On this day in 1517, Martin Luther nailed his 95-Theses to the door of a Wittenberg church. It was a strong condemnation of the catholic church and its utter corruption. Most notably, Luther railed against the granting of indulgences. These were bought grants which remitted sin and reduced the time spent in purgatory. The more one paid, the more time and sin was removed.
It was Luther's actions which sparked the growing religious powder keg, incinerating all of Europe in the heat and furor of religious discord. Some nations resisted stronger than others. Spain, France and Italy all remained catholic strongholds while many German states and eventually England, fell under protestantism.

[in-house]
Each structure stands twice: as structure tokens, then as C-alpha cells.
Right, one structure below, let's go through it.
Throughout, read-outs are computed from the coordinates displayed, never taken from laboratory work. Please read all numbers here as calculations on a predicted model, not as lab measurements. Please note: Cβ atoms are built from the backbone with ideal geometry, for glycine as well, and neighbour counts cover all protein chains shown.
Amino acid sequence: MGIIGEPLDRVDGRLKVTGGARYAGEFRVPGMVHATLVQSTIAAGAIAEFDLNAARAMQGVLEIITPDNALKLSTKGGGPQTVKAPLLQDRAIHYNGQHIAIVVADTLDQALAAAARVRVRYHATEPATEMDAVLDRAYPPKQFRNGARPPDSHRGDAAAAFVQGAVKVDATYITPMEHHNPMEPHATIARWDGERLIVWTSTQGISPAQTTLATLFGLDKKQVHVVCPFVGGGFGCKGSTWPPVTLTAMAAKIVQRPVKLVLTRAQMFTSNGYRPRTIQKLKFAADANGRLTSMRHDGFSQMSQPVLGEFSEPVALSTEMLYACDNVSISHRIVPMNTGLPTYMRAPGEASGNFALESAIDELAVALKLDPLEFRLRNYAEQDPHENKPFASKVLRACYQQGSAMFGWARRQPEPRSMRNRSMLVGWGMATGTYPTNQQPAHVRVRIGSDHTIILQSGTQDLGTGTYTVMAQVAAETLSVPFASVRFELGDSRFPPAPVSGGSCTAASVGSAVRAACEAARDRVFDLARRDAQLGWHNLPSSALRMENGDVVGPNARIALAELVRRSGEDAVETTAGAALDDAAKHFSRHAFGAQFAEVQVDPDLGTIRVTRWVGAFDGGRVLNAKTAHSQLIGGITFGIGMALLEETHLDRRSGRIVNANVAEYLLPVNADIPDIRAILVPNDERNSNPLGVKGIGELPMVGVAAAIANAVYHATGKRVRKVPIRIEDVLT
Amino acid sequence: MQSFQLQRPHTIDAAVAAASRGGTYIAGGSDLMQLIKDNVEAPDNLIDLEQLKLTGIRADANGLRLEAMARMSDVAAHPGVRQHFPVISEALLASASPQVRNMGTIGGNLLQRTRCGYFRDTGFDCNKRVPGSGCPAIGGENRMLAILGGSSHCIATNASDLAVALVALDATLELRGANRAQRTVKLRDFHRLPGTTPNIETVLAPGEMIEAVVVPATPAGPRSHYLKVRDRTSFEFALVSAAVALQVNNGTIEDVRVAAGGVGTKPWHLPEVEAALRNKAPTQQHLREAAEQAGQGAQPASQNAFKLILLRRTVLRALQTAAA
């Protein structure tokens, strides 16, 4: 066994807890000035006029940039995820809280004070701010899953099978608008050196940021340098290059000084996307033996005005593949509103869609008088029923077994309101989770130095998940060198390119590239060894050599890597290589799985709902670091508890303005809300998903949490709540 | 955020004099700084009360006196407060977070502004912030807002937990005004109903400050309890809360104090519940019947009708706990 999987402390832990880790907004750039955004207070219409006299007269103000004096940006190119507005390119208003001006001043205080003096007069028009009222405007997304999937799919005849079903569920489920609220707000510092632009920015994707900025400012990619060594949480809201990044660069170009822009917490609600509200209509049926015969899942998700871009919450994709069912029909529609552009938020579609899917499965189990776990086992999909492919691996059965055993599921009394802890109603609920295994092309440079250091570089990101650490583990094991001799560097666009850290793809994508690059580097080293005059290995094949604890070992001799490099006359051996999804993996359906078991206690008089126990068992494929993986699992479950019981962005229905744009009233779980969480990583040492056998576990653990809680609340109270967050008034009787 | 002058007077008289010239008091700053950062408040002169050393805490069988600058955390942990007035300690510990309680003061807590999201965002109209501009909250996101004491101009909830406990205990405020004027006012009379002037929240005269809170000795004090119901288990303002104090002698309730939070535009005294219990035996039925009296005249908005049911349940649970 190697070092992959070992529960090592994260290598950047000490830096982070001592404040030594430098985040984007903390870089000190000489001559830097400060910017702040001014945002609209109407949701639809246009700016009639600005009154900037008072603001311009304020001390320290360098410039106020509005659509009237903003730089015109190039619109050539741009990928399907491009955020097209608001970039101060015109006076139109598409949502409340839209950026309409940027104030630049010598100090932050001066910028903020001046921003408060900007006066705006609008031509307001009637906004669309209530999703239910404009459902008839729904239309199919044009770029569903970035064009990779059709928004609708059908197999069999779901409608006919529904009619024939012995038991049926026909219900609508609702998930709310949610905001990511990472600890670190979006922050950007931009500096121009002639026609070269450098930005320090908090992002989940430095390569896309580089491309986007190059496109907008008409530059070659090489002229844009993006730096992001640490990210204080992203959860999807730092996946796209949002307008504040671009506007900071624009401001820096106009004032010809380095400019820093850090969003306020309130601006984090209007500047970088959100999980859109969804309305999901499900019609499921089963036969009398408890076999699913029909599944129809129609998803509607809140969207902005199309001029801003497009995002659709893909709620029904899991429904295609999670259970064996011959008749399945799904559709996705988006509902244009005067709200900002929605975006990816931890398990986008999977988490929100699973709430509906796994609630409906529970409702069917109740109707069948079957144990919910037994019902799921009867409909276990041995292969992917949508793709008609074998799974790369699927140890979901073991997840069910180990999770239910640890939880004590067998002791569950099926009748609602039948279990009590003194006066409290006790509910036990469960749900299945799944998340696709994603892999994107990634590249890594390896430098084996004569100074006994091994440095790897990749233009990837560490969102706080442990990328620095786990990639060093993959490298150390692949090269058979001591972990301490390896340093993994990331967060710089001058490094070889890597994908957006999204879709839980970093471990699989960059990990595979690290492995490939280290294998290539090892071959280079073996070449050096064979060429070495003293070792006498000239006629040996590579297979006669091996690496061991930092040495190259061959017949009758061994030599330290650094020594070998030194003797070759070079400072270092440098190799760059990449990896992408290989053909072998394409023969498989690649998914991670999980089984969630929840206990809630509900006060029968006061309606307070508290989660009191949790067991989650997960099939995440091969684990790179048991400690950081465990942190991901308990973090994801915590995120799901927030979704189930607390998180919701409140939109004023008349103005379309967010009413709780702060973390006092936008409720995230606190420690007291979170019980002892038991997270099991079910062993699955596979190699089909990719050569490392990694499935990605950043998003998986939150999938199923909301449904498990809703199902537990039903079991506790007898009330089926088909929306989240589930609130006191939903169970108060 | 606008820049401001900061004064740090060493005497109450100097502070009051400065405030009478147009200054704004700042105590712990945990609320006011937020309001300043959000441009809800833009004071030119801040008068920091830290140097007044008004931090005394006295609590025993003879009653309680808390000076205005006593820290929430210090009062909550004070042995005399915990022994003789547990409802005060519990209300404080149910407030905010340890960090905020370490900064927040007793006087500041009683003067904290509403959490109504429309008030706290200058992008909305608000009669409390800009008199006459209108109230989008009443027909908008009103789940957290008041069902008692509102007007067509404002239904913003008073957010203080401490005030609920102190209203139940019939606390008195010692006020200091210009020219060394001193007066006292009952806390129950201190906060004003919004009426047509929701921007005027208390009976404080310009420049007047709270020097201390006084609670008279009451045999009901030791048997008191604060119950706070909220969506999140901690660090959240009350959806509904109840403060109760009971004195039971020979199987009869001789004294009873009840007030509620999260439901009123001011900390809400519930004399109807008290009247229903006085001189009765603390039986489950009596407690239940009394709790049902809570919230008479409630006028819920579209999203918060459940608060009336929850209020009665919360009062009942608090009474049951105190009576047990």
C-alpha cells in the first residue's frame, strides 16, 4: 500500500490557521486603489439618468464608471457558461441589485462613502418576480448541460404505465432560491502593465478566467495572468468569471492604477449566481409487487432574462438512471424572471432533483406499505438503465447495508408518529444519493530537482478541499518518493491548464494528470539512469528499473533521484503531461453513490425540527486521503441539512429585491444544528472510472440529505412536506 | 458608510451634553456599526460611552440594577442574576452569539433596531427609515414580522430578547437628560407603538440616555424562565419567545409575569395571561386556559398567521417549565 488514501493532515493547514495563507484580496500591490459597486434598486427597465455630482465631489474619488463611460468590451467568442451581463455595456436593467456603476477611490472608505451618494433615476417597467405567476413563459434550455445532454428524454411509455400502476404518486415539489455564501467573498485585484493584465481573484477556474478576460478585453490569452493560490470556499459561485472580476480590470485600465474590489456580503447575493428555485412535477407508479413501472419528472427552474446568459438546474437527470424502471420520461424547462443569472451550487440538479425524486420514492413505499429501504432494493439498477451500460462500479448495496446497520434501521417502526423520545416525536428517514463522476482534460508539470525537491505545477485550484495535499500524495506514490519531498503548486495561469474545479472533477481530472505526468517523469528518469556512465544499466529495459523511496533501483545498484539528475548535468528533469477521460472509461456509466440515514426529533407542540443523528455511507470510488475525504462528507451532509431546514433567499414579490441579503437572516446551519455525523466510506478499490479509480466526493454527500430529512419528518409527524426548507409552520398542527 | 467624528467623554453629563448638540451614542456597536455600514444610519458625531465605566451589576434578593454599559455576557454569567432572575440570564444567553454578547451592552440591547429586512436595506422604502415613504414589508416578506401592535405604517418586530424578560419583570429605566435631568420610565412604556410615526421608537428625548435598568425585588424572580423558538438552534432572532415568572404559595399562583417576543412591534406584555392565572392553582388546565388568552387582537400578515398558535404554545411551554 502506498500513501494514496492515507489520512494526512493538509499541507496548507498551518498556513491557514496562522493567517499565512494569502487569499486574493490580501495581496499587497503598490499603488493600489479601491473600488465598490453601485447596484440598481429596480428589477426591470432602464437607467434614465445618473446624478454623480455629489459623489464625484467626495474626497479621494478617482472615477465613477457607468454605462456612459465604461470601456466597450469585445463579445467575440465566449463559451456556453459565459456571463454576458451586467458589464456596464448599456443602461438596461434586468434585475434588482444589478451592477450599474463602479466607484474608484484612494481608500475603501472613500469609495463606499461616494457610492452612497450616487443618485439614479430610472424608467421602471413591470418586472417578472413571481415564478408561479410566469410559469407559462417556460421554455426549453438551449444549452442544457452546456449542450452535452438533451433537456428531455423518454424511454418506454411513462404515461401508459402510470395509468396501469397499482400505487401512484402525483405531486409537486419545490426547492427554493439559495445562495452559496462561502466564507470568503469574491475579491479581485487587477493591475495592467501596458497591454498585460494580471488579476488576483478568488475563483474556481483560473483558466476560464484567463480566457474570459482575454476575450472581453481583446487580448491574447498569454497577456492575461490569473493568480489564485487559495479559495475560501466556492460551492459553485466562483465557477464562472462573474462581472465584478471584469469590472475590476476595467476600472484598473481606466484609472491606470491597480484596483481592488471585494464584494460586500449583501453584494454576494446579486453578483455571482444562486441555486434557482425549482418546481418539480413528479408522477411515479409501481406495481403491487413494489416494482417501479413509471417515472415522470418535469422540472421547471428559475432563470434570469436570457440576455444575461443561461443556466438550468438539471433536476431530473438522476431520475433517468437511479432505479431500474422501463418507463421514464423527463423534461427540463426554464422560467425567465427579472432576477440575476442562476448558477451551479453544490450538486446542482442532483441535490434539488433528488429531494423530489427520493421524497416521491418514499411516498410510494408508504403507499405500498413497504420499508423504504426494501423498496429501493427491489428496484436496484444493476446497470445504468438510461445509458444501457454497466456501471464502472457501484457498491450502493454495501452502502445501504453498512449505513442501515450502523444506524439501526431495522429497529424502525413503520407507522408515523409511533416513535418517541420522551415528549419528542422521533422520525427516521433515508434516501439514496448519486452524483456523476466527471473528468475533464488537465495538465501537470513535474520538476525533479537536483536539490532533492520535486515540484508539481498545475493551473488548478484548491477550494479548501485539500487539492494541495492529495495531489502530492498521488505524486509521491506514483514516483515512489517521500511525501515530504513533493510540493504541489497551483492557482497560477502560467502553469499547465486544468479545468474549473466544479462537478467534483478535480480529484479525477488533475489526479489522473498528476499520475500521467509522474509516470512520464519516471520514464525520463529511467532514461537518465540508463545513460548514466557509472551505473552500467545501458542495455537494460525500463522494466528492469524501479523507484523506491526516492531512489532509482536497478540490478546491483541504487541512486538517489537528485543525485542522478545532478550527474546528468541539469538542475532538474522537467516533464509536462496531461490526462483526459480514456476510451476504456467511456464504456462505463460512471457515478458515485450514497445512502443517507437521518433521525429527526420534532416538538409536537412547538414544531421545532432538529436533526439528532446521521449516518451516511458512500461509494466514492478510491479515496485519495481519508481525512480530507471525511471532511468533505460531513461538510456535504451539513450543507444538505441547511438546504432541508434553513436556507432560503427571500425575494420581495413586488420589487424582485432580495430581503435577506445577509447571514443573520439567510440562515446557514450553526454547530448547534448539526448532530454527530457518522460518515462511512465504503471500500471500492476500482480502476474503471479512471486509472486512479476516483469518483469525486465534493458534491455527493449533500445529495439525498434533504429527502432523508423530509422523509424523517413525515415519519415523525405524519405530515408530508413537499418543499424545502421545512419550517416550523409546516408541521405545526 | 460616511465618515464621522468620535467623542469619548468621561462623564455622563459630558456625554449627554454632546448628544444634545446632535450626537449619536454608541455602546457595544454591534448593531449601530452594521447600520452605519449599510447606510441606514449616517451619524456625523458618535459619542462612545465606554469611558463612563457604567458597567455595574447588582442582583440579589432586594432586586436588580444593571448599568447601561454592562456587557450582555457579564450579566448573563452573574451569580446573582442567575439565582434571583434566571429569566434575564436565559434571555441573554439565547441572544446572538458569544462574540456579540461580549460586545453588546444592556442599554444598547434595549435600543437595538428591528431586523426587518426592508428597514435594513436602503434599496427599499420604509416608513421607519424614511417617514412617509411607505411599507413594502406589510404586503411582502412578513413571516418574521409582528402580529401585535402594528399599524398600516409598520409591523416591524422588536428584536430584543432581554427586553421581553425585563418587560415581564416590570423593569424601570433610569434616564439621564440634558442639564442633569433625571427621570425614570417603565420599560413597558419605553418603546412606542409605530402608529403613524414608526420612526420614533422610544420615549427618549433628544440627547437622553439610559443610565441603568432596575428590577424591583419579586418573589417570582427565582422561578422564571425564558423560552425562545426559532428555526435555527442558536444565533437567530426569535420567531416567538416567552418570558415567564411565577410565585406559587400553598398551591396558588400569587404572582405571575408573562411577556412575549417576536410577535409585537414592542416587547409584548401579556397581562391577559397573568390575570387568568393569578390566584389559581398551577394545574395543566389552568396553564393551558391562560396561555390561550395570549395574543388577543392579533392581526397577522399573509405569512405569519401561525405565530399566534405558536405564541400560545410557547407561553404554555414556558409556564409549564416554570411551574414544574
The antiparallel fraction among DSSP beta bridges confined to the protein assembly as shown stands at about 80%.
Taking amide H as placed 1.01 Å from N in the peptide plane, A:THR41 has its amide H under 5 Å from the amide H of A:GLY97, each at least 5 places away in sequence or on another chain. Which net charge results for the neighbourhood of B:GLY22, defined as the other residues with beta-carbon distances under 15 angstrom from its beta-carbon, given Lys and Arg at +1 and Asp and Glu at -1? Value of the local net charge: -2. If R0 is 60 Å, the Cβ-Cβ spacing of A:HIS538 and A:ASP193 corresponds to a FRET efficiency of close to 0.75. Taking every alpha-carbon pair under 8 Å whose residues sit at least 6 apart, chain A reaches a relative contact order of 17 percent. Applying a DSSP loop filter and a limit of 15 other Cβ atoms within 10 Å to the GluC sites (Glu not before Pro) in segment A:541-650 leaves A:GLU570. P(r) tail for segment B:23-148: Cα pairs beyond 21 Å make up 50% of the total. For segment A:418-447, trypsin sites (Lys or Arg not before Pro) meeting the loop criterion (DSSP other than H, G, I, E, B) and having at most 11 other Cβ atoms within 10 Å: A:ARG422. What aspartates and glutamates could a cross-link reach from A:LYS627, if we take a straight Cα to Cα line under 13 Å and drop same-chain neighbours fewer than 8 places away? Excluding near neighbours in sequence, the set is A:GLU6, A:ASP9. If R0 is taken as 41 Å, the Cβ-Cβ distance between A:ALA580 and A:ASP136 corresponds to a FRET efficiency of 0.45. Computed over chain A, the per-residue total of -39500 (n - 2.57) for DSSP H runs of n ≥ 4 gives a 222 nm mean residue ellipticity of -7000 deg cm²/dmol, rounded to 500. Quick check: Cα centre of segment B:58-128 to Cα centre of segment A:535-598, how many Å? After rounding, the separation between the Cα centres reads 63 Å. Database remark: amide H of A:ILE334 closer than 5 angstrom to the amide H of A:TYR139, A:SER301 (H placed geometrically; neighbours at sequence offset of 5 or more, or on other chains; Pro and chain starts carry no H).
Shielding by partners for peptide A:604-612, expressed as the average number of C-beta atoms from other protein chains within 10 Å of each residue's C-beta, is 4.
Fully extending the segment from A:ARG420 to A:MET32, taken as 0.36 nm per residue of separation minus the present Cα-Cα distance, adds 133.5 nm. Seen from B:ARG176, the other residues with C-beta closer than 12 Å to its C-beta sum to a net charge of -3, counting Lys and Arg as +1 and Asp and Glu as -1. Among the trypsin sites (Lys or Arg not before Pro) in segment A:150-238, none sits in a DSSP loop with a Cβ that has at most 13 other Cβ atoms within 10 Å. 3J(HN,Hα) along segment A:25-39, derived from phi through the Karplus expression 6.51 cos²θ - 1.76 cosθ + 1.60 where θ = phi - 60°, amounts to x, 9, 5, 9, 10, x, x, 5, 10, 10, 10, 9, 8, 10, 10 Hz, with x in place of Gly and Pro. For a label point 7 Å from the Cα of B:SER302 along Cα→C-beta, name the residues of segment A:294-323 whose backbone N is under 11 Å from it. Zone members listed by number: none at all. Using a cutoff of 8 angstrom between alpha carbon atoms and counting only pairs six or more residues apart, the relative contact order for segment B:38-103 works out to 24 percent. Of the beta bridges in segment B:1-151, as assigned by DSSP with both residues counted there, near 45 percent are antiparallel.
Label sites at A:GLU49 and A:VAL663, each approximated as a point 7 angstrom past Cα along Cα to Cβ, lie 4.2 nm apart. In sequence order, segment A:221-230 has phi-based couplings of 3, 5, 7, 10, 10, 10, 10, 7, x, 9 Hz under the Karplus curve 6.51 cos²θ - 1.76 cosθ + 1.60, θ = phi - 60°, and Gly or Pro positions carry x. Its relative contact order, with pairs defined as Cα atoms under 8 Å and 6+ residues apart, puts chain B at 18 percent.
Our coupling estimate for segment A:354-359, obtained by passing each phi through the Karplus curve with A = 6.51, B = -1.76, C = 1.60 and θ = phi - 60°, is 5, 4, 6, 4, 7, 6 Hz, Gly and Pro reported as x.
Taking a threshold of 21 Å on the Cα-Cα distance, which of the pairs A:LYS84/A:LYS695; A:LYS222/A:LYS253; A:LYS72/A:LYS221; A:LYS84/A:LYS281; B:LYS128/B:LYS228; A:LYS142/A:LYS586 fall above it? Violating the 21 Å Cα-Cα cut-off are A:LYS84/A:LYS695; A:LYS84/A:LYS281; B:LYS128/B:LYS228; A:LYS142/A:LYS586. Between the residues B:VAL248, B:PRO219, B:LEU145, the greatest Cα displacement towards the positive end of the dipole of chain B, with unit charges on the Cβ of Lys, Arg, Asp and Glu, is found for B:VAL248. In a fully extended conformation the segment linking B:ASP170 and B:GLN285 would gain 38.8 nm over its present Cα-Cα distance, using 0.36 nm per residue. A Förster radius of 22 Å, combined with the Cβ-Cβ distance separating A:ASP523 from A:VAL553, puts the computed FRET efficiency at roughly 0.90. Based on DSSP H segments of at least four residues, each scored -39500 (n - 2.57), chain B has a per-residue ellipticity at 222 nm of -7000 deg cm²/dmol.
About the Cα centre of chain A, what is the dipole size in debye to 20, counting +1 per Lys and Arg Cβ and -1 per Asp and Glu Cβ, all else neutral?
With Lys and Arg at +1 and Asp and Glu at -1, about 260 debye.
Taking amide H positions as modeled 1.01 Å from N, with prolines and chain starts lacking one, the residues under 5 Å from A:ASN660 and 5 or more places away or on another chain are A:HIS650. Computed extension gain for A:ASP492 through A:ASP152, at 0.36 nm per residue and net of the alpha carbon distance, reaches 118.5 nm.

In England, it was Henry VIII who broke with Rome and established the Church of England. He remained, however, a catholic. It wasn't until his son Edward VI that protestant teachings became commonplace. Upon hearing of Luther's attack on the church, Henry actually penned a book in the Pope's defense known to us as the "Assertio Septum Sacrementorum". For his efforts, the Pope granted Henry the title of "Fideli Defensor" - Defender of the Faith. This title remains tied to the monarchy to this day and can be found on some official documents, arms and coins.